Weak for a Reason


There are what we call, “Means of grace” available to every believer. One of the greatest mysteries to me regarding my faith is just how this sanctification exactly works. Whenever I enter into contemplation on the idea I must confess an overwhelming sense of loss of any ability to comprehend it. How far can one go in grace? No one can do anything unless it comes from above, John 3:27. No man just takes honor upon himself in Christ. None of the first disciples, or any other today for that matter, chose to be a disciple, John 15:16. Yet I’m taught to study (2 Timothy 2:15) and to work out my own salvation, Philippians 2:12. I’m commanded to press into Christ and to seek Him diligently in many places and ways, Matthew 6:33. I’m no fatalist. Yet at the same time my works, Scripture says, were prepared for me to perform from eternity, Ephesians 2:10. I do not believe that the works of St. Paul were prepared for just anyone, Ephesians 1:4. I believe they were prepared for him. It’s not that no one else could be Paul; it’s that God was going to use only Paul. Similarly, the works of John the Baptist were wholly designed for him and him alone, Luke 1:17. So were Judas’, John 17:12. It’s all predestined, so, how do I fulfill a calling? What role do I play in its joy, intensity or extent? Is it of my diligence in service or God’s design? I don’t know exactly where to draw what line. I think the brilliance of God is that Scripture tells me to do all that lays before me to the glory of God, not to worry about the particulars, and that God’s will is revealed in that work in a hundred ways along the path. I’m to be about study, prayer and godly counsel in my decisions and I cannot ever miss the will of God…guaranteed! 

     What makes us weak along that way, however, is not so much of a mystery I think. It’s neglect. Neglect of the means of grace makes us weak. If you’re weak in your faith it shouldn’t be a mystery to you. Discipleship makes all the difference. Each avenue for grace’s growth also works like a gauge or warning light on a dashboard to indicate a malfunction in our lives if one’s present. Means of grace are the very things Scripture says we should be about as Christians. They're a packaged deal, but they also stand alone in many ways. Things like prayer, Bible study, church ordinances, evangelism, fellowship, and giving ourselves personally or financially to the body of Christ, etc., are those means. Peter says we’re to be about godliness. He tells us: “…giving all diligence, add to your faith virtue, to virtue knowledge, to knowledge self-control, to self-control perseverance, to perseverance godliness, to godliness brotherly kindness, and to brotherly kindness love. For if these things are yours and abound, you will be neither barren nor unfruitful in the knowledge of our Lord Jesus Christ,” 2 Peter 1:5-8. These things imply time and process. They lead to godliness! This is what we want. Fruitfulness in Christ is growth, and growth is strength. Strength and fruitfulness bring glory to God. John 15:8. That’s ultimately what we were made for.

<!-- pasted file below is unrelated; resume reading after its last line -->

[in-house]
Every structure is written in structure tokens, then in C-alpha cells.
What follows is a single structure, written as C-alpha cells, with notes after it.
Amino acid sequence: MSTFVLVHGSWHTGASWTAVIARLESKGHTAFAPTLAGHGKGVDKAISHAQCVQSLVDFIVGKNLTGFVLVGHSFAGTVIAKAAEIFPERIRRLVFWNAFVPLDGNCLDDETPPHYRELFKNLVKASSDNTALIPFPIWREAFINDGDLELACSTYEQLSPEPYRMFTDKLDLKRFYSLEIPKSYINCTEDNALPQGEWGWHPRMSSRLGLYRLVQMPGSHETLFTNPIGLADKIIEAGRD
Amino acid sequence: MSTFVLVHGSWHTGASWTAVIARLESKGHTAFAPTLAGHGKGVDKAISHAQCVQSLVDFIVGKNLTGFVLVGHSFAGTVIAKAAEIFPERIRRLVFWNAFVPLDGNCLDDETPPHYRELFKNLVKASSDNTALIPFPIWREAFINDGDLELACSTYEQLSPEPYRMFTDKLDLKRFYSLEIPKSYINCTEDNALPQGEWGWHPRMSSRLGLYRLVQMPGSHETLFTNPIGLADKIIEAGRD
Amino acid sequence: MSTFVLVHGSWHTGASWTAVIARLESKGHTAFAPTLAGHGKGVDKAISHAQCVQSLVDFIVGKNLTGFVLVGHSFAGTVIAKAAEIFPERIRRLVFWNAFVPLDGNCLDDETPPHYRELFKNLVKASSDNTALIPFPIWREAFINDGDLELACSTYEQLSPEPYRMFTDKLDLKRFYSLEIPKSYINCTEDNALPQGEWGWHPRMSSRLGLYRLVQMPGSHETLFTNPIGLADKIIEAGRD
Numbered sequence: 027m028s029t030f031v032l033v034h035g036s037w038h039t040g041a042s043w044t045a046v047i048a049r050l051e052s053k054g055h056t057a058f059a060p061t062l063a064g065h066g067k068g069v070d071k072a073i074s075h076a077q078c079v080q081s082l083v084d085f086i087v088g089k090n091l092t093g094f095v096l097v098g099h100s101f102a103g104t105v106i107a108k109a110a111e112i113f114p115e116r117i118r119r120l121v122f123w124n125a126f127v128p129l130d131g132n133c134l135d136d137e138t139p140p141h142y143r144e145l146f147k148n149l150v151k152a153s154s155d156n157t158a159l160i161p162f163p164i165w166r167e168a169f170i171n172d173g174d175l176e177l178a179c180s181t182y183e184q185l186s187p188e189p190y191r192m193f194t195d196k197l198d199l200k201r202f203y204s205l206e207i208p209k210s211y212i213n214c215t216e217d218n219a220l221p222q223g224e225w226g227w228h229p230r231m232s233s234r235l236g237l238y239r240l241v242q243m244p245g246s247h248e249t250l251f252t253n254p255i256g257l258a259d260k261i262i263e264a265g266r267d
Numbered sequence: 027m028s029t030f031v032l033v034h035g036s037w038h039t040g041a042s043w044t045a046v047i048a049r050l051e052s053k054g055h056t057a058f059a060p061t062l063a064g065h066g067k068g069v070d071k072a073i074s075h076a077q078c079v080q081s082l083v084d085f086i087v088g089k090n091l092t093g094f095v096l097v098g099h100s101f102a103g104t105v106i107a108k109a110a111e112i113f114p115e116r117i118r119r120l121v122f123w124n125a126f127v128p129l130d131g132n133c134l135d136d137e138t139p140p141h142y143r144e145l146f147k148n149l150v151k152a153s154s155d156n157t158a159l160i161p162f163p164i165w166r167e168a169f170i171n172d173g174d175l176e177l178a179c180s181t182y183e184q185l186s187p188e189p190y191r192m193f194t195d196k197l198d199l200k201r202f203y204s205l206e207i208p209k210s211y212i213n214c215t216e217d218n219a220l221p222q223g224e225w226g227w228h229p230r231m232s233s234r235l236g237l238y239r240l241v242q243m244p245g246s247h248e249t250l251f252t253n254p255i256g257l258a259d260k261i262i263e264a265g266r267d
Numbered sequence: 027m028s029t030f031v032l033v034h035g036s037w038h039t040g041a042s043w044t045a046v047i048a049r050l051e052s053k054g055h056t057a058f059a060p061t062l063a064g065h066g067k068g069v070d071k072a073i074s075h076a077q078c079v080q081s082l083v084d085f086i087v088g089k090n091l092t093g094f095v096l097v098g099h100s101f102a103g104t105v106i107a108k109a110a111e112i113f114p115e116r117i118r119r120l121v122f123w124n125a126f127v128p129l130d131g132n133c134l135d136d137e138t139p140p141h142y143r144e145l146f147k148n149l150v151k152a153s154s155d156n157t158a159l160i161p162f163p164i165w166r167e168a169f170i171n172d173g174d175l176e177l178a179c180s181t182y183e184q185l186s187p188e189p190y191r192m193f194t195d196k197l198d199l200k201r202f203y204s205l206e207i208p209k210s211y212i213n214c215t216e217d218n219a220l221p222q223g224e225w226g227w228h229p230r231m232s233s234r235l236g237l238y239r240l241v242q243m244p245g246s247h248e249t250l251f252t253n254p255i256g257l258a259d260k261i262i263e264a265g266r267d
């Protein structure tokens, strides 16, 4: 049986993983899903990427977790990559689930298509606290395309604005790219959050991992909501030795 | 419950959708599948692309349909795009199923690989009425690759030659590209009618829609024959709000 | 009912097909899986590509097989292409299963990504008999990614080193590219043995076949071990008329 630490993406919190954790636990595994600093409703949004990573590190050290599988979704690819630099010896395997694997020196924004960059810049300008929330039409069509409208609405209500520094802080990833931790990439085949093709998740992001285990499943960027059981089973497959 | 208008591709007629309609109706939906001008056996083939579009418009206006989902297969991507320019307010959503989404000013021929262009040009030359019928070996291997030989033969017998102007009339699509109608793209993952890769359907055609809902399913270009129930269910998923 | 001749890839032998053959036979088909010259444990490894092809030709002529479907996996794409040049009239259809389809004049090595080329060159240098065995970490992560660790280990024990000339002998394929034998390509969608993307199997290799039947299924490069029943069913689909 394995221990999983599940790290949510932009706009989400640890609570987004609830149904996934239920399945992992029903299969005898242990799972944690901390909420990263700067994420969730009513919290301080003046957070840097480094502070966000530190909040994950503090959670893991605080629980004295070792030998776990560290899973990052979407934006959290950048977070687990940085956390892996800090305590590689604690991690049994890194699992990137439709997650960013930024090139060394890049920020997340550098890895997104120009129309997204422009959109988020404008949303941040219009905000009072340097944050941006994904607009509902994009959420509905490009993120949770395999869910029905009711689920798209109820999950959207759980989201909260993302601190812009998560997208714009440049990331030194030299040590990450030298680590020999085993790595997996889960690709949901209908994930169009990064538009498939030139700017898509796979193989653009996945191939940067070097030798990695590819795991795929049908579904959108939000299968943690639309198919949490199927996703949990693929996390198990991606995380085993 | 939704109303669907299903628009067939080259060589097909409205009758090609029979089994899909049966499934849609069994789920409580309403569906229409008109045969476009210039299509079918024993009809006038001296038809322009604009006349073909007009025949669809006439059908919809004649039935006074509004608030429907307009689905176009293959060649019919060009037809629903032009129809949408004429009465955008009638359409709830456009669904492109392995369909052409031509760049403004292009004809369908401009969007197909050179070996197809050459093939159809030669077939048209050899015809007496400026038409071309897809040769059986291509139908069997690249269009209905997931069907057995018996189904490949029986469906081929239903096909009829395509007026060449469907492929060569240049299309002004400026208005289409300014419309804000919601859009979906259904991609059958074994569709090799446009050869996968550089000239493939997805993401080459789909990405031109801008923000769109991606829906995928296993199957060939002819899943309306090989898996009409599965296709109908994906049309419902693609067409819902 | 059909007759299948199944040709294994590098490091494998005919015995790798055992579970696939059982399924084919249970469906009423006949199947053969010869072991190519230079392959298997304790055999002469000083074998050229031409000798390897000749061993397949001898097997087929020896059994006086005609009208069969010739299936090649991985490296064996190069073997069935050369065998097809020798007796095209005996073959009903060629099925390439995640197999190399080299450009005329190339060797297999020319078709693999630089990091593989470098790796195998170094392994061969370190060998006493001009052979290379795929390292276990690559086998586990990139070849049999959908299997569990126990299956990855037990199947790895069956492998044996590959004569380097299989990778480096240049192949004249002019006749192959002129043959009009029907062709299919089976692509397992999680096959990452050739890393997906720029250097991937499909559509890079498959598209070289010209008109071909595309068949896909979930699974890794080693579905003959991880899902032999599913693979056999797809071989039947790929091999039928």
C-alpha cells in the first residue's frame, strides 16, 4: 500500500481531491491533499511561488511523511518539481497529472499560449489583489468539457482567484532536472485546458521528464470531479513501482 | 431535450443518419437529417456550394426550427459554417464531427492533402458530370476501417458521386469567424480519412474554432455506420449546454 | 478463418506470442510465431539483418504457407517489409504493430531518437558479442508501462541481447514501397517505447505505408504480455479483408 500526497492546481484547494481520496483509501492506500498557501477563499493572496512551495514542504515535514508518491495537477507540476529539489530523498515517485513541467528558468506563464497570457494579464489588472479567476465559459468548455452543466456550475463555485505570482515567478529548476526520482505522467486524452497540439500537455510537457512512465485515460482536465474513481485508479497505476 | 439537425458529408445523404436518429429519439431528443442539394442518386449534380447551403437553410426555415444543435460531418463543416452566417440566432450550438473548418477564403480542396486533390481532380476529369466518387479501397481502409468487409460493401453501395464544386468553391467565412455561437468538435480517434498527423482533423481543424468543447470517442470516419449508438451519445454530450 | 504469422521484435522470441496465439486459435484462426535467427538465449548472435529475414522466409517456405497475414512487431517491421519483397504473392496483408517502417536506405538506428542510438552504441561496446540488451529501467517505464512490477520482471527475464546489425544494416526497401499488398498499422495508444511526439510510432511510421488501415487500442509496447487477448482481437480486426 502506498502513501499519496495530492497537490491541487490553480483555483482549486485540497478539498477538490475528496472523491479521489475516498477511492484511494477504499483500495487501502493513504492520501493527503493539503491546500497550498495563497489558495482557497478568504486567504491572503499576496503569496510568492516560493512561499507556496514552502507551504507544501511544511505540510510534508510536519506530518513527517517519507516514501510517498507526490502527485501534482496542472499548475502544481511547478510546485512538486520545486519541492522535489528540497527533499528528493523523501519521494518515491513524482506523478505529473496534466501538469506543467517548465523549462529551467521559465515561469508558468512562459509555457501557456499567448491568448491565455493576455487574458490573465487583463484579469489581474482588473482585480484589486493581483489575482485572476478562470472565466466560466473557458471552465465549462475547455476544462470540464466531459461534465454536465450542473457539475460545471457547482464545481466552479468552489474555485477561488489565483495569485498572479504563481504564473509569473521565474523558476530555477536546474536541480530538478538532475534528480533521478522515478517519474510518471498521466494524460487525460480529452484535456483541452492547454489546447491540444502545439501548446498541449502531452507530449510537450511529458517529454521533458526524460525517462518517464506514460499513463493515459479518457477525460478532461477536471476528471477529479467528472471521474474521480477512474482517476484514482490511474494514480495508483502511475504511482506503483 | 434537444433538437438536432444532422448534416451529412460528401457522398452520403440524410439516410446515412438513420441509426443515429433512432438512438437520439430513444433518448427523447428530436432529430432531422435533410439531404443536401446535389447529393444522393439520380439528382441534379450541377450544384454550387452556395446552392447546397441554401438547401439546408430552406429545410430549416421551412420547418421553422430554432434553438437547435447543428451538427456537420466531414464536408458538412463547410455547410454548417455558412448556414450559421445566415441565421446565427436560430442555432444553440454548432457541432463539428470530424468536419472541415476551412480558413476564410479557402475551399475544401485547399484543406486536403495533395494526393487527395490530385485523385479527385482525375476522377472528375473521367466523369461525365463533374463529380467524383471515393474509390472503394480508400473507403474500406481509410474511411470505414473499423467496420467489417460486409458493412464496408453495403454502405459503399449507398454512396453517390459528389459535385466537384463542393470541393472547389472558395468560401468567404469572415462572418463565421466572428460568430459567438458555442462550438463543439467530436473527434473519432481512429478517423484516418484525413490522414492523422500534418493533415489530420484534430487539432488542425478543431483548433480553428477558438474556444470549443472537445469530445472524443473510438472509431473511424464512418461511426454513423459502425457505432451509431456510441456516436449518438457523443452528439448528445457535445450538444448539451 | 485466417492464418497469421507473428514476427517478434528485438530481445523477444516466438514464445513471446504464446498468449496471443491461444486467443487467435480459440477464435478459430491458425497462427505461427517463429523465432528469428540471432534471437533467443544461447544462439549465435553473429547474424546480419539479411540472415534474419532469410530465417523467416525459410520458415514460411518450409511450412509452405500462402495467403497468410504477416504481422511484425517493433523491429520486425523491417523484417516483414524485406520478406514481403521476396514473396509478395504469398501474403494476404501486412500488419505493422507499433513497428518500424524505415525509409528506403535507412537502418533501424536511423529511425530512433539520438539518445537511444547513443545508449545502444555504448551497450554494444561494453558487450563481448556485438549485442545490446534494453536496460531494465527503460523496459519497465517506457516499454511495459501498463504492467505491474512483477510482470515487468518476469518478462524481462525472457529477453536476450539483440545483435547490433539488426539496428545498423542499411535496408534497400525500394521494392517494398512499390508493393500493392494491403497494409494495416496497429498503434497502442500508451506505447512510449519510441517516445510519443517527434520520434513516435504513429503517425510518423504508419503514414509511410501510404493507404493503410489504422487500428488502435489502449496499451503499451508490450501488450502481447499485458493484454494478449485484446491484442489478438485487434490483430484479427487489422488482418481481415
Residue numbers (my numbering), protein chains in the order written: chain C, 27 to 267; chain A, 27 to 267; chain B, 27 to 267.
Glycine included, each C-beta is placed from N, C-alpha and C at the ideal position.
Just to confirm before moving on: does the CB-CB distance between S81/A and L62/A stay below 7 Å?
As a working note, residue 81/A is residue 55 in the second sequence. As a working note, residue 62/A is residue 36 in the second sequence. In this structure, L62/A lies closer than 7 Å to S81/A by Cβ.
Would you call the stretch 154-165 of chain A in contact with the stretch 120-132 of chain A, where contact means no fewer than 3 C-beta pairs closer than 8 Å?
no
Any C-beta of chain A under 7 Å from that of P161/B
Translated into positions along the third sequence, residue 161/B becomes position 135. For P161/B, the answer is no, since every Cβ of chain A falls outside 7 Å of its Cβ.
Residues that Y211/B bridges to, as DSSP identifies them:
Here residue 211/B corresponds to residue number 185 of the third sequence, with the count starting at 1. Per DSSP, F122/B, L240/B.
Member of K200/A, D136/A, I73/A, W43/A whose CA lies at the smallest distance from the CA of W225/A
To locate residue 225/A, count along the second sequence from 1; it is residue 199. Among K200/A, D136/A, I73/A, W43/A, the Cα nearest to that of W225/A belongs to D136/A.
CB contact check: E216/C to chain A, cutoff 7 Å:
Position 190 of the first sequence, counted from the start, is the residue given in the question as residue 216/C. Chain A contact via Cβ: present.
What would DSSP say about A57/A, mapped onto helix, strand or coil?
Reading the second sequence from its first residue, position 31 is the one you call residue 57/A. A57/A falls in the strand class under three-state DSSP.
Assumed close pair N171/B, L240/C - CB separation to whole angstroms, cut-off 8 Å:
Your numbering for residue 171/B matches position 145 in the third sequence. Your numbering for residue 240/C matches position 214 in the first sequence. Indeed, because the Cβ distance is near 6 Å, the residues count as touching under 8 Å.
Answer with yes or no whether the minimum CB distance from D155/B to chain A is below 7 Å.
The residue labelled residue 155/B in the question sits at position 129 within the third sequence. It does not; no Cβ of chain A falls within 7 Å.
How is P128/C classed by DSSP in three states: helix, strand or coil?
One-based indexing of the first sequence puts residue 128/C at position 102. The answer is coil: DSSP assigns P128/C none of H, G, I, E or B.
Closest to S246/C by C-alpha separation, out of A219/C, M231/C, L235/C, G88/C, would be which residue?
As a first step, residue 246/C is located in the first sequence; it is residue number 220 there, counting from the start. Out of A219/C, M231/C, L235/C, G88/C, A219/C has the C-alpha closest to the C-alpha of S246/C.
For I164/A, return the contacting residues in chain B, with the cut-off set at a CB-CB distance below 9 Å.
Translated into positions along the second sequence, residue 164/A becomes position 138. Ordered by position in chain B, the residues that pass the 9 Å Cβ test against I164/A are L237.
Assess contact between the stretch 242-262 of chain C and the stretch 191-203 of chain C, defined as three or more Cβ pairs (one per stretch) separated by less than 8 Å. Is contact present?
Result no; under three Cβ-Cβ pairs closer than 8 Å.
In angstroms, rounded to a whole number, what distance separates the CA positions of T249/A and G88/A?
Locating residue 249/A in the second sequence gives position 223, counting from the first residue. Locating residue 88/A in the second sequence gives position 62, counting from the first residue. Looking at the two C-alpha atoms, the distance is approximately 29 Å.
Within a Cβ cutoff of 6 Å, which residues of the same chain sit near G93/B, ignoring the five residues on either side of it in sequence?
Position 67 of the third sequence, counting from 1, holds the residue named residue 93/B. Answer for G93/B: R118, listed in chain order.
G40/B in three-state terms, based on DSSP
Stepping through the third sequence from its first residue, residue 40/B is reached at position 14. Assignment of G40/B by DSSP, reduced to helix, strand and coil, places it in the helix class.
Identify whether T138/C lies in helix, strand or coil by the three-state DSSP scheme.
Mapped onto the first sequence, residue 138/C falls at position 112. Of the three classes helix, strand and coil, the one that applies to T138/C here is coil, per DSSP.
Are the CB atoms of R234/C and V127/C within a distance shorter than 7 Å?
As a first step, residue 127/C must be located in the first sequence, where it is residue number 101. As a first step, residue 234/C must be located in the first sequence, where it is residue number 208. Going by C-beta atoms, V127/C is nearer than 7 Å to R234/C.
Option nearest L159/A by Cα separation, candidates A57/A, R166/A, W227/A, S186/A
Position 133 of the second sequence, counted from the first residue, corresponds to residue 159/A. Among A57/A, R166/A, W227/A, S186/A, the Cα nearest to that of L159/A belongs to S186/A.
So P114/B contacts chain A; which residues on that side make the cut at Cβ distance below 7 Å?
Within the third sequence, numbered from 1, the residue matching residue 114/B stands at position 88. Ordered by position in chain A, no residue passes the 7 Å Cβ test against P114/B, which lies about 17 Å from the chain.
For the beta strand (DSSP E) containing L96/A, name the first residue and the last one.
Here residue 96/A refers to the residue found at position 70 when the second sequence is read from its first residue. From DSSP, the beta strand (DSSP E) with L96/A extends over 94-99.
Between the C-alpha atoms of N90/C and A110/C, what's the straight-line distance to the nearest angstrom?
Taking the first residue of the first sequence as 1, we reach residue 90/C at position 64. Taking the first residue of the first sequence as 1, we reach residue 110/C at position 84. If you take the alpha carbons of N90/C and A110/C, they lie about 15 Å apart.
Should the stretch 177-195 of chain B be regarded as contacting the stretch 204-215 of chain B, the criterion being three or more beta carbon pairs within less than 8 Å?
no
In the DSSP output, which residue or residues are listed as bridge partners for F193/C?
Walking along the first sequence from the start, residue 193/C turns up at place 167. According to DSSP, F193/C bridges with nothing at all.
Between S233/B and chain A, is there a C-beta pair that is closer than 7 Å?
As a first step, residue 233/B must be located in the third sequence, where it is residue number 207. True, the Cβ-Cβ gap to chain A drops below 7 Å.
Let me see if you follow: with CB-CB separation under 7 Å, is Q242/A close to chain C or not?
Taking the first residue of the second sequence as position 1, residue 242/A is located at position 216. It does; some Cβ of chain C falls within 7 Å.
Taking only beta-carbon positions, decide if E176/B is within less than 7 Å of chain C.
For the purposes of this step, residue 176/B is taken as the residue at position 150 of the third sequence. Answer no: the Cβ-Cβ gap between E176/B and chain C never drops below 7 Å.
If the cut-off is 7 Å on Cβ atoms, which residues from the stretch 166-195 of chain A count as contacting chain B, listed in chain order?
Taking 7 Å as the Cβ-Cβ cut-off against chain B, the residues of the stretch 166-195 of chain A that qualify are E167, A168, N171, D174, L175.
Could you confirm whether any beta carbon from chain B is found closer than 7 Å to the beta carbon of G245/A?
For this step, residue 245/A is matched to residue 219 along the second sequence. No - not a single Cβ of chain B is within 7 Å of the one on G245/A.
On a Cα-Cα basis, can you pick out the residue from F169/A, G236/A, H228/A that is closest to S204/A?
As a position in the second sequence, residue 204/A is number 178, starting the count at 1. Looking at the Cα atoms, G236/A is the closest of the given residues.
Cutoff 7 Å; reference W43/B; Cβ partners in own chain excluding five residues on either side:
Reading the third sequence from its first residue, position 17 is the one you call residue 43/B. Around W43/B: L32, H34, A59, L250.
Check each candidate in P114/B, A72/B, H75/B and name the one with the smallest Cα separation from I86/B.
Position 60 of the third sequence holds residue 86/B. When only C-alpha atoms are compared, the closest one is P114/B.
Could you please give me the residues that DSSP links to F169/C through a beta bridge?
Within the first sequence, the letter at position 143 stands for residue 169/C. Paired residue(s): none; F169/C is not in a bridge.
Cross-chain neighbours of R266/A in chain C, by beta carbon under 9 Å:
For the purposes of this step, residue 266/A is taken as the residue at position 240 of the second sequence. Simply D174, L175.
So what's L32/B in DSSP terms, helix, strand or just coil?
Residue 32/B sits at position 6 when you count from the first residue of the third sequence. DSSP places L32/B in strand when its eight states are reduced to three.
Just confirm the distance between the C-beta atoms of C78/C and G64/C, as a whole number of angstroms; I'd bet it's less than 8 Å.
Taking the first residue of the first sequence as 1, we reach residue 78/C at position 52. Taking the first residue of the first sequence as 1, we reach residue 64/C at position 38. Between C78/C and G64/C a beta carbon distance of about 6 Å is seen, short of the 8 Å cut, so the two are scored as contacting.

You will sin as a Christian. This is not a state of mind. Anyone who claims a sinless perfectionism is not very close to God in truth. Sin cannot lord itself over a person who walks after the spirit, however. Romans 8:5 teaches us to walk, “According to the Spirit.” Are you doing that daily through the practices and means God has put in place to build you up in your most holy faith? If not, you will be weak and easily defeated by doubts, worries and the arguments of devils. Be strong in the Lord. Seek Him through the means He’s ordained in His word. It’s not magic; it’s how He does things. If He’s saved you then I guarantee you, a disciplined life according to the Scriptures is the key to a vibrant, growing, blessed faith with your Savior.

     1 John is an excellent book for testing ourselves in such ways. Todd Friel also preached a pivotal sermon in my own life years ago called, “Are You Really a Christian.” Excellent!

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